University of Texas School of Public Health and Medical School, St. Luke’s Episcopal Hospital, Baylor College of Medicine, and the Kelsey Research Foundation, Houston, Texas, USA.
Address correspondence to: Herbert L. DuPont, 1200 Herman Pressler, Suite 733, Houston, Texas 77030, USA. Phone: 713.500.9366; Fax: 713.500.9359; E-mail: Herbert.L.Dupont@uth.tmc.edu.
Published May 24, 2013 - More info
Luther A. Bartelt, James Roche, Glynis Kolling, David Bolick, Francisco Noronha, Caitlin Naylor, Paul Hoffman, Cirle Warren, Steven Singer, Richard Guerrant
The highly prevalent protozoan Giardia lamblia is an enteropathogen that can be asymptomatic in some individuals, while leading to persistent diarrhea and substantial morbidity in others. In this issue of the JCI, Bartelt et al. describe a mouse model of the disease and investigate the contribution of coincident malnutrition with the development of symptomatic infection. This work in part explains how Giardia infection can lead to growth retardation, and may offer insights that guide future therapeutic strategies.
Giardia lamblia (synonymous with G. intestinalis and G. duodenalis), referred to herein as Giardia, was first detected in 1681 by Antonie van Leeuwenhoek when looking at his own stools and was later described in 1859 by Lambl (1). Finding the organism as frequently in patients without symptoms as in those with diarrheal illness has led many over the years to conclude that the organism is not a pathogen. Giardia can be identified in stools of 2% to 5% of presumably healthy people living in industrialized countries like the United States and in 20% to 30% of people in developing regions (2). It is found in water sources and infects many animal species. The organism can be classified into at least 8 different genotypes called assemblages in humans and animals, with assemblages A and B being the most important in human infection. Each year in the United States, we identify approximately 20,000 people with Giardia infection, but the actual prevalence is estimated to be much higher.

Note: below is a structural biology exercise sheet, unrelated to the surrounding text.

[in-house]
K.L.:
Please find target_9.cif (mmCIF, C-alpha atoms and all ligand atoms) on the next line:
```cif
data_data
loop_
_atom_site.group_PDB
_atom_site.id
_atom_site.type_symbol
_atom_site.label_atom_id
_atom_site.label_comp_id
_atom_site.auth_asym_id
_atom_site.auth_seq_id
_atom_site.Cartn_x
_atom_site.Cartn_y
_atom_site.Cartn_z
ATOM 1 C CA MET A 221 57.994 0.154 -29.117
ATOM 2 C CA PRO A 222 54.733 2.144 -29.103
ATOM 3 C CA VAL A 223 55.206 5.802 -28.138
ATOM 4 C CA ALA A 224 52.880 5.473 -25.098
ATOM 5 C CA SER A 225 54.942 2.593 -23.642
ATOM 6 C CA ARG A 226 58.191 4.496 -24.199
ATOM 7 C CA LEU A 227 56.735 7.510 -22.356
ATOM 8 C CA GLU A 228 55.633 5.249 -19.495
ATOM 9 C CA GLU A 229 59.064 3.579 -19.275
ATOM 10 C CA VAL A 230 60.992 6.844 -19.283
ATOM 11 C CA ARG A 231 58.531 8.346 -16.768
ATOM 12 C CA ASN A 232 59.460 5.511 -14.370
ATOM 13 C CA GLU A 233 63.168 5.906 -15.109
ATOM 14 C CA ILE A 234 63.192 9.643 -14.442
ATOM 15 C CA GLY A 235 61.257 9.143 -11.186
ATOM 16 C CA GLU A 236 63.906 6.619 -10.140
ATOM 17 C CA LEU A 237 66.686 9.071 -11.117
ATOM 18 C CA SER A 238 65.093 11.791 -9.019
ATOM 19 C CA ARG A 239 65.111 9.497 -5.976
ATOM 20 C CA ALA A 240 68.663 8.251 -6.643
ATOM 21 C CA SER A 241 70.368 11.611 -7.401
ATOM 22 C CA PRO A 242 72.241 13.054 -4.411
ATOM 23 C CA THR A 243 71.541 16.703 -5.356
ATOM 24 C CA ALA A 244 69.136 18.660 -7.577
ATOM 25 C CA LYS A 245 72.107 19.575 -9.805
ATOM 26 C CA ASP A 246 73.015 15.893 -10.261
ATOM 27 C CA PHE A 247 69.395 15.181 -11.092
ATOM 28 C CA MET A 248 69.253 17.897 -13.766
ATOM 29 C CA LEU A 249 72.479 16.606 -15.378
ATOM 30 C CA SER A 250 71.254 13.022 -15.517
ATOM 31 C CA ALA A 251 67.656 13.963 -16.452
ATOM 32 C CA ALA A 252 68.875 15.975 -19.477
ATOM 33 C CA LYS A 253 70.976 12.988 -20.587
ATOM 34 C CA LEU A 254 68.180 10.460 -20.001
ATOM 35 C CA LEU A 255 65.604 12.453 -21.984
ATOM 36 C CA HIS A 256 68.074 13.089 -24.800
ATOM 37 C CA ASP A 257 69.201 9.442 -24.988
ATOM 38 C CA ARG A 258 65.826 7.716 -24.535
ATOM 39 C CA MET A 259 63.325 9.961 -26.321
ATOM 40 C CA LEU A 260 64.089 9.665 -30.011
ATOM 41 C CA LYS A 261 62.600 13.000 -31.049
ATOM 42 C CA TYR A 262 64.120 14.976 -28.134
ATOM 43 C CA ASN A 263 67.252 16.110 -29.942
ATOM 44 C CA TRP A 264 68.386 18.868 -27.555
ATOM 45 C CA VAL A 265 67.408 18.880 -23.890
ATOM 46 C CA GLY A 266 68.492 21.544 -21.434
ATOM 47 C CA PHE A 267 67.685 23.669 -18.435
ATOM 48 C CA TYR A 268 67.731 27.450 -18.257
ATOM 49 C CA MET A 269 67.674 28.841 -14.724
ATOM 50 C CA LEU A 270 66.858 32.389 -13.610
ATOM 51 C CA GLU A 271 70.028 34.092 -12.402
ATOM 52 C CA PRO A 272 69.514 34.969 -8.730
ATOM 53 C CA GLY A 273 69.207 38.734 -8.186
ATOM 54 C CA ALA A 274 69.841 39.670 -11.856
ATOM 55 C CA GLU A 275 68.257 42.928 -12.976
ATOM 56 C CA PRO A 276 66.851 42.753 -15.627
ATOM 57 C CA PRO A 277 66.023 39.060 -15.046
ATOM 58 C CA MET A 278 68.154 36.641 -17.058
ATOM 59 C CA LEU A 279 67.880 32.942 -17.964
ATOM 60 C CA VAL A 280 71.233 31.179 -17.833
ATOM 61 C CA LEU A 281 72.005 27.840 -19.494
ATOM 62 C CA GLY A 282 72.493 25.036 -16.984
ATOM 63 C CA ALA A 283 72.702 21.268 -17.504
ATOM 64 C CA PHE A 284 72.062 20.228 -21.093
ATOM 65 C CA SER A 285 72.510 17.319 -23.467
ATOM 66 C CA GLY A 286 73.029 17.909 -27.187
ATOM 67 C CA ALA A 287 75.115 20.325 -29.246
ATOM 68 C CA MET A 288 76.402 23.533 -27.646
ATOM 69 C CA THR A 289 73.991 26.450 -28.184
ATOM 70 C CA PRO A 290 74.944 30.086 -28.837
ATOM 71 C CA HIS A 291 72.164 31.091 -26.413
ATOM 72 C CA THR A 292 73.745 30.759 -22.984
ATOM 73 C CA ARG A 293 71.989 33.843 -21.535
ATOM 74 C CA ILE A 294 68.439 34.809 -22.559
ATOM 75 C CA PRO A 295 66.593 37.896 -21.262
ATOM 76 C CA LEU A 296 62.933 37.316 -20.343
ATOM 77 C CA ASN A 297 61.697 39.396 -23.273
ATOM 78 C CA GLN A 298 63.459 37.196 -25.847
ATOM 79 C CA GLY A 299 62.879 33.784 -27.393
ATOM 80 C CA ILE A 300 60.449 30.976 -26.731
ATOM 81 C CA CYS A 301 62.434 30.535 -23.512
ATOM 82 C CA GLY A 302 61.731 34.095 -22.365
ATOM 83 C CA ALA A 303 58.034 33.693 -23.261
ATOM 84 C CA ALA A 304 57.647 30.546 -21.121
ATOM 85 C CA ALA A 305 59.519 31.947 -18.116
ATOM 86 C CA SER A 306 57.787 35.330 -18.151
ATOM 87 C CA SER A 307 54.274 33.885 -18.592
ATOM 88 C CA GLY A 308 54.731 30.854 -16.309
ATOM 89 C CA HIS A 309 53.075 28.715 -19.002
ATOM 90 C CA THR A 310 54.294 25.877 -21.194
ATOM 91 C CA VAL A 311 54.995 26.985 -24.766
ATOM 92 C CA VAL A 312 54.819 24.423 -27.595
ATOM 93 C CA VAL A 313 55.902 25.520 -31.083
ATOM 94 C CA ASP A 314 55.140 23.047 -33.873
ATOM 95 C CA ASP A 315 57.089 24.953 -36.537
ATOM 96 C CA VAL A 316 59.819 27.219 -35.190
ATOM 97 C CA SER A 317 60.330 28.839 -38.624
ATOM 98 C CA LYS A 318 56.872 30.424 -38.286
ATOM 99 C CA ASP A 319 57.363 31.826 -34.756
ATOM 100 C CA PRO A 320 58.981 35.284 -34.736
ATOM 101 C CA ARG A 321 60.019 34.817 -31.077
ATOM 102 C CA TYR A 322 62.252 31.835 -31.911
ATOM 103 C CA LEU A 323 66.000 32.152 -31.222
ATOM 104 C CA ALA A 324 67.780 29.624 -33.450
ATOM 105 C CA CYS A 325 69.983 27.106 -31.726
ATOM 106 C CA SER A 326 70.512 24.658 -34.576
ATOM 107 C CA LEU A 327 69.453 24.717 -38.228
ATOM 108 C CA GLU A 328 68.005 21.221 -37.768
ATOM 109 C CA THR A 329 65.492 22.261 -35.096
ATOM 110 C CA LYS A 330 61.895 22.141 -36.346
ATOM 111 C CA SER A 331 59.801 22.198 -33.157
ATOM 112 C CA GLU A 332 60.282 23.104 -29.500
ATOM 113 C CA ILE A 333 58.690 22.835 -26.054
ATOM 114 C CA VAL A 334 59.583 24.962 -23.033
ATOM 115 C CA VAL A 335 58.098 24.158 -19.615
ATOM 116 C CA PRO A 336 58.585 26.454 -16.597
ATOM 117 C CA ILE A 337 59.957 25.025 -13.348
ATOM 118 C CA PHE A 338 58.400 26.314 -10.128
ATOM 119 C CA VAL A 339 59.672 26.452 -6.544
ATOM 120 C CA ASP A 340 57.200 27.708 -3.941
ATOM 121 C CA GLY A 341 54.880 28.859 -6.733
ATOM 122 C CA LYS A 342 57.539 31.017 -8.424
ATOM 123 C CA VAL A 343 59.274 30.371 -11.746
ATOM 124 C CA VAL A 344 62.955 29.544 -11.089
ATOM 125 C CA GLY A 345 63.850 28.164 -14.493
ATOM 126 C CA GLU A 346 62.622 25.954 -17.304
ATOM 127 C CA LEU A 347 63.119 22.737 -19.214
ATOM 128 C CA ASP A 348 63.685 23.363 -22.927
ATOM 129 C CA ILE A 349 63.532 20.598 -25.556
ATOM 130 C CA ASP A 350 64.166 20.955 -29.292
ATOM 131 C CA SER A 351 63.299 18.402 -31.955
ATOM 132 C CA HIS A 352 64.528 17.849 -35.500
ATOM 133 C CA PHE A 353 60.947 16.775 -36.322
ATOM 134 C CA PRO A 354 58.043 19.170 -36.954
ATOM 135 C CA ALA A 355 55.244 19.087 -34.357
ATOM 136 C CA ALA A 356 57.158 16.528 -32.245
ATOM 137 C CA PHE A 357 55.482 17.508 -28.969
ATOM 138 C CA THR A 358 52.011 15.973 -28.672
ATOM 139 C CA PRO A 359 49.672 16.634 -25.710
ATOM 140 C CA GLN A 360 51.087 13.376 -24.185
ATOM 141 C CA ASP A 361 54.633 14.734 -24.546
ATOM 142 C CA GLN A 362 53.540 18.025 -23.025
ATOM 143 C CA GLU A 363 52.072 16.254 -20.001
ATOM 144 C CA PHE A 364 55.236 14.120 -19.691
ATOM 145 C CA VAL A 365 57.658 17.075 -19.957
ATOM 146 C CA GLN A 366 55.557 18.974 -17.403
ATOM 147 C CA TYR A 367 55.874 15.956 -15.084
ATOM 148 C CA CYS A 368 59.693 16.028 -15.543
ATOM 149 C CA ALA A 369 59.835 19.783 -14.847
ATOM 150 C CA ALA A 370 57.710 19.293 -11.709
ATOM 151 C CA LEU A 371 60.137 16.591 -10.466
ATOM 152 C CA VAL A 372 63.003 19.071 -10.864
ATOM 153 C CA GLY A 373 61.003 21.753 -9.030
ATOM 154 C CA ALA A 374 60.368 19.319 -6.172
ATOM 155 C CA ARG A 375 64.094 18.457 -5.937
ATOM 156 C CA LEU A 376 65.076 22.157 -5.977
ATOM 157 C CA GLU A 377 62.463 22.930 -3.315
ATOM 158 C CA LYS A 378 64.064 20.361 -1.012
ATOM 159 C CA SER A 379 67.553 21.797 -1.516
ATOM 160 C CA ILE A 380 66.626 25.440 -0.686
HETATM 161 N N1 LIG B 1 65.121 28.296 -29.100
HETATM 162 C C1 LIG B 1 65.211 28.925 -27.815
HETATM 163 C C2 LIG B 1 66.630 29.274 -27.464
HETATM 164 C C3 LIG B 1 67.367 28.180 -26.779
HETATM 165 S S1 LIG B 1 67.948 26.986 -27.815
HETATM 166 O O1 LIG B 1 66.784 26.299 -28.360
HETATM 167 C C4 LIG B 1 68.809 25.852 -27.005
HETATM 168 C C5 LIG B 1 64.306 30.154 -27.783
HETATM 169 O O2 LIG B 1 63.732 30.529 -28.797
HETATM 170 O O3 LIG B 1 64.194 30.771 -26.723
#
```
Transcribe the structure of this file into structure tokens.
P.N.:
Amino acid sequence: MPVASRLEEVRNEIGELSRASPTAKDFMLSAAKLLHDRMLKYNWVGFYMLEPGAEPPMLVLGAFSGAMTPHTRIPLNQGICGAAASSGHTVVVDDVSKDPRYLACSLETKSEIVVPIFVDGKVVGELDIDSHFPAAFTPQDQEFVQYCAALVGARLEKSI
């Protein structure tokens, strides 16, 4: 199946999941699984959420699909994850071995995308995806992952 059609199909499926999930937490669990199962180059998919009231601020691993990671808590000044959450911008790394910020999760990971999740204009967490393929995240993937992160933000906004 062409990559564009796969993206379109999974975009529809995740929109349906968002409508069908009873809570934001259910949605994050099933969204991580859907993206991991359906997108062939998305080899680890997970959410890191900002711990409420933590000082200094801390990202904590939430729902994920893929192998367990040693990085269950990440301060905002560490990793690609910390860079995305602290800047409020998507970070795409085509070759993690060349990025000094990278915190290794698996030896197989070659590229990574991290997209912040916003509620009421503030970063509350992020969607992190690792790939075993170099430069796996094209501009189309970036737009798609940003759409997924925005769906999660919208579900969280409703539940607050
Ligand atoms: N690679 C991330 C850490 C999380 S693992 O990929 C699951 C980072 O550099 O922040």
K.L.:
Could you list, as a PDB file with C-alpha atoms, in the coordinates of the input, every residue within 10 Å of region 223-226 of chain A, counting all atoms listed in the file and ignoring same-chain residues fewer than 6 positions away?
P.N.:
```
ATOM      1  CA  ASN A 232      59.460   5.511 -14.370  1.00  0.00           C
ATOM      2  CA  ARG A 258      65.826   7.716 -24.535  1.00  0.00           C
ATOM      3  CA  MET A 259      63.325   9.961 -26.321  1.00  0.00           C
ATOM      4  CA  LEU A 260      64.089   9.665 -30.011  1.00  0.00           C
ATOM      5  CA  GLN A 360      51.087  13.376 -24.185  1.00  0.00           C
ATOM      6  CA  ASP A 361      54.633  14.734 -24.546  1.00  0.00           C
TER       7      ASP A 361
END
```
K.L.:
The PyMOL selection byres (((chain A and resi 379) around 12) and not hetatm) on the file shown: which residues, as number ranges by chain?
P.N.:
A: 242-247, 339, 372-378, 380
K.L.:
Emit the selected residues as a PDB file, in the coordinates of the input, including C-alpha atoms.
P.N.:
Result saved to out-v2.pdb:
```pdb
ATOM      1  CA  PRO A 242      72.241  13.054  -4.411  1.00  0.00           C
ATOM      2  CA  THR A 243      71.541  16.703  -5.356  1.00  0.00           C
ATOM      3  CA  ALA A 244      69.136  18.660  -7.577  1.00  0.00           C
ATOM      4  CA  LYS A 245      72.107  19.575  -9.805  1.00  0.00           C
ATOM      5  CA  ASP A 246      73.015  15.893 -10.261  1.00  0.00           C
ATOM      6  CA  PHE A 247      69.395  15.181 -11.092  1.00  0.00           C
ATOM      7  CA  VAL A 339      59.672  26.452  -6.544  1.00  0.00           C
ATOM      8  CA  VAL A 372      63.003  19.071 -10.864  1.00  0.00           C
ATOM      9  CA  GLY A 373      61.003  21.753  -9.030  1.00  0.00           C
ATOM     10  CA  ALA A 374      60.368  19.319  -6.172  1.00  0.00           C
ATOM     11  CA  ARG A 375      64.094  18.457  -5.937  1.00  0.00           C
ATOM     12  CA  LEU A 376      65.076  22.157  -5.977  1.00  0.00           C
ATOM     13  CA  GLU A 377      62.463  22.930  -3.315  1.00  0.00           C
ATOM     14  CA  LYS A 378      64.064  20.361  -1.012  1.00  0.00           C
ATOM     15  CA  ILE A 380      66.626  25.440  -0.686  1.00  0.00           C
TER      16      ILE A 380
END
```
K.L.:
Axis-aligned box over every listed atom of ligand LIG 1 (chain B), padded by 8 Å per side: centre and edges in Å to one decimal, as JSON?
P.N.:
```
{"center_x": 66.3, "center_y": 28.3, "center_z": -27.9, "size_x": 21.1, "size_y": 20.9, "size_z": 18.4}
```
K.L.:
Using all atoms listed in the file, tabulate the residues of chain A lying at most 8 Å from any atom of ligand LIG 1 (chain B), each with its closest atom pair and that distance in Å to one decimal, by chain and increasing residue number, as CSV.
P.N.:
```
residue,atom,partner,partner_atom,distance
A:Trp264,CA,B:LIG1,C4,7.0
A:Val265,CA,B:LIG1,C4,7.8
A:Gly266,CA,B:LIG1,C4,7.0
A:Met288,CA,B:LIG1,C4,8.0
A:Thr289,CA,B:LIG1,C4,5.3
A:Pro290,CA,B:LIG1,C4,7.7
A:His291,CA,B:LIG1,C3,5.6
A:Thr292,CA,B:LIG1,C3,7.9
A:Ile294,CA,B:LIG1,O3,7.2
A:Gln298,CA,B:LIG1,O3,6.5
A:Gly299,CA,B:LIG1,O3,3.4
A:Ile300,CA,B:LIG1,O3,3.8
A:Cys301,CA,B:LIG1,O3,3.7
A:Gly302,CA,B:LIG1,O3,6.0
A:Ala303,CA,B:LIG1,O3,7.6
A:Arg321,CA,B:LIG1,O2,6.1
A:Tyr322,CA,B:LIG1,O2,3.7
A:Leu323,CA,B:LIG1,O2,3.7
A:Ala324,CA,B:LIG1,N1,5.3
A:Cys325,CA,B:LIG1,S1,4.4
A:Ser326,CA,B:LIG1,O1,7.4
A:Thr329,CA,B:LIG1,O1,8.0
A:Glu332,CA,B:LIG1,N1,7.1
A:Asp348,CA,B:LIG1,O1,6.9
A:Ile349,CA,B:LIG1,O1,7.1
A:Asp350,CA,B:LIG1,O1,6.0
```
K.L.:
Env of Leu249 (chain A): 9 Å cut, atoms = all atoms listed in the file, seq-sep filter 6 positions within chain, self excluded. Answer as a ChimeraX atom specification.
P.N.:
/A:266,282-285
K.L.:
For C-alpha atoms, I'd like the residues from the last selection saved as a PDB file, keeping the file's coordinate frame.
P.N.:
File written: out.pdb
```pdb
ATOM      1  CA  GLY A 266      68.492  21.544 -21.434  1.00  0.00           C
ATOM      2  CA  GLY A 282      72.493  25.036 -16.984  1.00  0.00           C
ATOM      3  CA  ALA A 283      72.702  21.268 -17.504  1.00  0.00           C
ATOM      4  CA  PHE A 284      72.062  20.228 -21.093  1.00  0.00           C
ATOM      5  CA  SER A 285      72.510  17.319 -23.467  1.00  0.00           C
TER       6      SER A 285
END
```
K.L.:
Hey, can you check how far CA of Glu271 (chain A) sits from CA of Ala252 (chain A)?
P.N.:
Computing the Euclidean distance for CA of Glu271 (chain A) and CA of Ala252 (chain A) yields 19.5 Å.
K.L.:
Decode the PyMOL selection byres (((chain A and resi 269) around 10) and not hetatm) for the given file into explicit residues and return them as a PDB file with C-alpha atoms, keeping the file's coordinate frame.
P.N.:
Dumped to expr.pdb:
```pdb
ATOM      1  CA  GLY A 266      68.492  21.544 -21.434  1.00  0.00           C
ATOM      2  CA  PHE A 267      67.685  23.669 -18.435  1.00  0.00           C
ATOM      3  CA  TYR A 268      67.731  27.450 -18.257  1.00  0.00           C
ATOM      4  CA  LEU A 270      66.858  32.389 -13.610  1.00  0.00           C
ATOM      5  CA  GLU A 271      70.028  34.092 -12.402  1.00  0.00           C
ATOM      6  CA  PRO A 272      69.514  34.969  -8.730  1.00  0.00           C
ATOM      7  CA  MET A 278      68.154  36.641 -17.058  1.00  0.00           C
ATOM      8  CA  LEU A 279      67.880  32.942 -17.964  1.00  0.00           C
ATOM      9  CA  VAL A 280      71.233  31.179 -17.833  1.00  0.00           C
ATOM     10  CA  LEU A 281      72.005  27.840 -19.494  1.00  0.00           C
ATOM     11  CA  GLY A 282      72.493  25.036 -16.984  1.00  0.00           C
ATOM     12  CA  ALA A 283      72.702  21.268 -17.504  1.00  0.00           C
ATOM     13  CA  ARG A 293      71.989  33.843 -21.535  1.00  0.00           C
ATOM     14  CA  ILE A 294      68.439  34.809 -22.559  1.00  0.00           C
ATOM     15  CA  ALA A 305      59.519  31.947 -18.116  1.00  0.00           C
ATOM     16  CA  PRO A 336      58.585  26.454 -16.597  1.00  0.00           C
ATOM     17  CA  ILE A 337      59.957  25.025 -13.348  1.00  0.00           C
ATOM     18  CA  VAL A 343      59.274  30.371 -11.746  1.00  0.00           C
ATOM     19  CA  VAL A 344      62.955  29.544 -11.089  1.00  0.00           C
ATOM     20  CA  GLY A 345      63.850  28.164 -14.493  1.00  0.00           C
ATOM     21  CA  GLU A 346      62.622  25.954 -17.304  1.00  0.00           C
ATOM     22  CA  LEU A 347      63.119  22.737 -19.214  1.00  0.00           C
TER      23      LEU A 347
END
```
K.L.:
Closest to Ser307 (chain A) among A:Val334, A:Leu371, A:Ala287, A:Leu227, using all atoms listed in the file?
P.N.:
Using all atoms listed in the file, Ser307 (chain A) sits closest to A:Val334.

In rural areas of the developing world, Giardia is ubiquitous and infects nearly all children, although most remain free of symptoms (3). In these endemic areas, infants experience an acute clinical disease only when first exposed to the protozoan, but quickly recover from infection without adverse long-term effects (4). Self-limiting diarrhea from a Giardia infection is common in young children newly attending day care centers (5, 6) and in international travelers (7) to endemic areas when first exposed to the protozoa. After initial exposure in otherwise healthy people, symptomatic infection occurs rarely. Risk factors for first symptomatic infection in young children were shown in one study carried out in rural Egypt to include young age, poverty, low education level, in-home storage of drinking water, and unhygienic treatment of girls related to gender discrimination (8). A proportion of infected people, mainly underweight children with preexistent malnutrition, suffer from persistent infection with chronic diarrhea and dramatic health impairments (9), including worsening of nutrition (10), growth retardation, and cognitive impairment (11). In severe cases of giardiasis, during infection Giardia trophozoites attach to the epithelium of the proximal small bowel aided by their ventral adhesive discs, evade host defenses possibly by undergoing genetic variation (12), and produce local alterations of villus structure and cellular apoptosis. The most devastating effects of Giardia infection are related to damage of the absorptive small bowel mucosa, together with abnormal intestinal immunity that favors chronic infection (13, 14). While there is little evidence that preexistent malnutrition in young children makes them more susceptible to Giardia infection, once they are infected, persistent symptoms and health consequences are more likely to develop (15). Patients with hypogammaglobulinemia are particularly susceptible to chronic Giardia infection (16). However, Giardia is not a common opportunistic infection in patients with HIV infection or in those with cancer or cancer chemotherapy–induced immunosuppression, suggesting that not all forms of immunosuppression predispose to the infection. The likely explanation for increased symptomatic Giardia infection in infants with first exposure compared with older children and adults is the presence of an immature adaptive immune system in infants (17), particularly in those with preexistent nutritional deficits.